Religious groups and leaders
from across the spectrum are urging the Obama administration to rescind the
"refusal clause" - also called "conscience clause"
- adopted in the closing days of the Bush administration. Those urging
rescission include the General Board of Church Society
of the United Methodist Church, United Church of Christ, Religious Action Center of Reform
Judaism, and a group of more than a dozen religious bodies including
the Religious Coalition for Reproductive Choice. They say the
clause is overly broad and vague, potentially harmful to healthcare
services, counter-productive to efforts to reduce unintended pregnancies, and
- perhaps most compelling - unnecessary because healthcare providers already
have the right to refuse to provide abortion and other services they object
to on moral and religious grounds.
One particular statement has captured the attention of
"inside-the-Beltway" observers because it has been signed by both
pro-choice religious advocates such as Rabbi David Saperstein and anti-choice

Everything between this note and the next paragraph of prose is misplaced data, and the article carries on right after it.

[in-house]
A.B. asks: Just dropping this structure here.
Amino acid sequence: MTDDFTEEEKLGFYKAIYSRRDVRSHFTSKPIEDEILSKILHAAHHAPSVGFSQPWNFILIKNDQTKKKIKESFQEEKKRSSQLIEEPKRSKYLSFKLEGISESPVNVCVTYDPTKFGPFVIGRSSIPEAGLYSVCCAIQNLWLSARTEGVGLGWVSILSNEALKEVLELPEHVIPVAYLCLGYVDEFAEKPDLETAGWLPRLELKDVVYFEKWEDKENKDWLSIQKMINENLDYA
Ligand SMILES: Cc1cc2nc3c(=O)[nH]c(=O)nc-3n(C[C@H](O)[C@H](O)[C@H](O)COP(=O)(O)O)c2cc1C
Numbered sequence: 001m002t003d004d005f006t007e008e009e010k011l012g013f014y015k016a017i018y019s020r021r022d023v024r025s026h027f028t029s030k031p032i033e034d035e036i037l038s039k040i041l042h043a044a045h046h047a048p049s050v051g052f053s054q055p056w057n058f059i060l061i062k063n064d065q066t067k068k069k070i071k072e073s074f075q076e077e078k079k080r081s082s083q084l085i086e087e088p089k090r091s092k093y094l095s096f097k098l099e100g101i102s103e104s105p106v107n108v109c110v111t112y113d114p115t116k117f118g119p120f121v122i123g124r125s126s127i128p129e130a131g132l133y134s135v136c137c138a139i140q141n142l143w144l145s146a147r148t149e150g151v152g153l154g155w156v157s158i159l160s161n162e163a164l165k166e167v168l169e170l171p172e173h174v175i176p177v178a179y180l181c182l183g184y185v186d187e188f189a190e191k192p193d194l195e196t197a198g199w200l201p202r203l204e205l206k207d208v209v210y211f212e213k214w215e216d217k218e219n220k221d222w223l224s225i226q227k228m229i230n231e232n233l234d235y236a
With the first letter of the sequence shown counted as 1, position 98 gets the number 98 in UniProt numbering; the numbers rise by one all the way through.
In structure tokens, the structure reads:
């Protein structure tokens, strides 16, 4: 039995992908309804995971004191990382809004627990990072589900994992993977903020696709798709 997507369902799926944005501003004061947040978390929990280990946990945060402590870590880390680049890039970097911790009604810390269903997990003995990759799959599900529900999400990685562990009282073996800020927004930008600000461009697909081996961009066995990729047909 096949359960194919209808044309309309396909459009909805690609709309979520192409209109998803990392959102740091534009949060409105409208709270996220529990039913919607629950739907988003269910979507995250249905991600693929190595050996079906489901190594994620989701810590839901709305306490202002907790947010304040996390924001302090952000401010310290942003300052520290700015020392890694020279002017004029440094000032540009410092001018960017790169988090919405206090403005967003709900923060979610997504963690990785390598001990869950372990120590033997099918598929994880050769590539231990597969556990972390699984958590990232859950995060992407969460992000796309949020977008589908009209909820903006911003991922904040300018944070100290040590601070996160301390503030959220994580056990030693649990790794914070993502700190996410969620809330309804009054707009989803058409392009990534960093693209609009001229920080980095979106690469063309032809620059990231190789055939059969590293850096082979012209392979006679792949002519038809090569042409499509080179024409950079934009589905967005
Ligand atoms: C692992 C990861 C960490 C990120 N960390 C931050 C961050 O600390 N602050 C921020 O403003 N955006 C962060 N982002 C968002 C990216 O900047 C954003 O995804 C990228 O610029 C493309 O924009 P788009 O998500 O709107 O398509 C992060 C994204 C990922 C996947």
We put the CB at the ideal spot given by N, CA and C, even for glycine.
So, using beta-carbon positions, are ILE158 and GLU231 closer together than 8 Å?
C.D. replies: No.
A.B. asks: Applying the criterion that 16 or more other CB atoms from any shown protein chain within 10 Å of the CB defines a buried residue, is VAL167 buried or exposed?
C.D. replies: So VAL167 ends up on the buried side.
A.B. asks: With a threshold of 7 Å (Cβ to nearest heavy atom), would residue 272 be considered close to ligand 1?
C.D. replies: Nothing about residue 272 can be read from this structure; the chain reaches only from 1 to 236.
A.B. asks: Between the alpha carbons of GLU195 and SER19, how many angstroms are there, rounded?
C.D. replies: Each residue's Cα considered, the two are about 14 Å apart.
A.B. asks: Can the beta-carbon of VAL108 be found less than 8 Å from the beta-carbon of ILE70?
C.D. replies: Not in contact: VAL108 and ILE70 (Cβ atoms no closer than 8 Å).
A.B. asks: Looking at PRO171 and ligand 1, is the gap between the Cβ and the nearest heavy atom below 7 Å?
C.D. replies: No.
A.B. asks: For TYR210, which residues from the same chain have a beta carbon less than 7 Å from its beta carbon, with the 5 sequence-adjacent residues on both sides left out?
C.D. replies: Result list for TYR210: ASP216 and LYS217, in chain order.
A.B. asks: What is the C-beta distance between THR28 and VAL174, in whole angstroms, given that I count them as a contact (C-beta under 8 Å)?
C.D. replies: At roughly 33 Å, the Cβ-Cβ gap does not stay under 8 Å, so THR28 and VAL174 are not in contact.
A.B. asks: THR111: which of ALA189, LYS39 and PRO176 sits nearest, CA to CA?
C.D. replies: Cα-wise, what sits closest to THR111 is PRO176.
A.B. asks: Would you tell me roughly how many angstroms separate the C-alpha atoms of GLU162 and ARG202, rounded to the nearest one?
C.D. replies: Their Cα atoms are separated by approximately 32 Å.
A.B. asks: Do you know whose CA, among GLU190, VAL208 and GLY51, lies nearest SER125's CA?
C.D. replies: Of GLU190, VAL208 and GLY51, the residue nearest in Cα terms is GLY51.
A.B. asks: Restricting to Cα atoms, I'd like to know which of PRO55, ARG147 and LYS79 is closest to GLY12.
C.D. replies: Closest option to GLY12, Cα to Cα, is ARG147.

leaders such as Richard Land of the Southern Baptist Convention, who
vigorously opposes access to abortion, and Jim Wallis of Sojourners, the
Democratic Party's guide to anti-abortion politics. Their
statement acknowledges that "conscience protections for healthcare
providers" that have been in place since 1973 are
"appropriate" in allowing providers with moral or religious
objections to abortion and other procedures to opt out of providing them,
while still allowing patients to access these services. The statement also
asks the administration to clarify the "conscience protections"
currently in place. Along with Wallis and Saperstein, three other members
(out of 25 in all) of the Council on Faith-Based and Neighborhood
Partnerships signed the statement.
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While the Obama administration is expected to rescind the rule, it should be
noted that there is strong opposition to rescission from significant
institutions, including the Catholic Church, Focus on the Family, and
Concerned Women for America, as well as fringe groups such as the Christian
Medical and Dental Associations, which went so far as to hold a press conference
at the National Press Club in Washington, DC, with members in medical attire.
According to law, the administration must consider all issues raised in
the 30-day comment period (just concluded) so the final outcome may be a
new regulation that could increase obstacles to obtaining reproductive health
services. Please watch for further updates.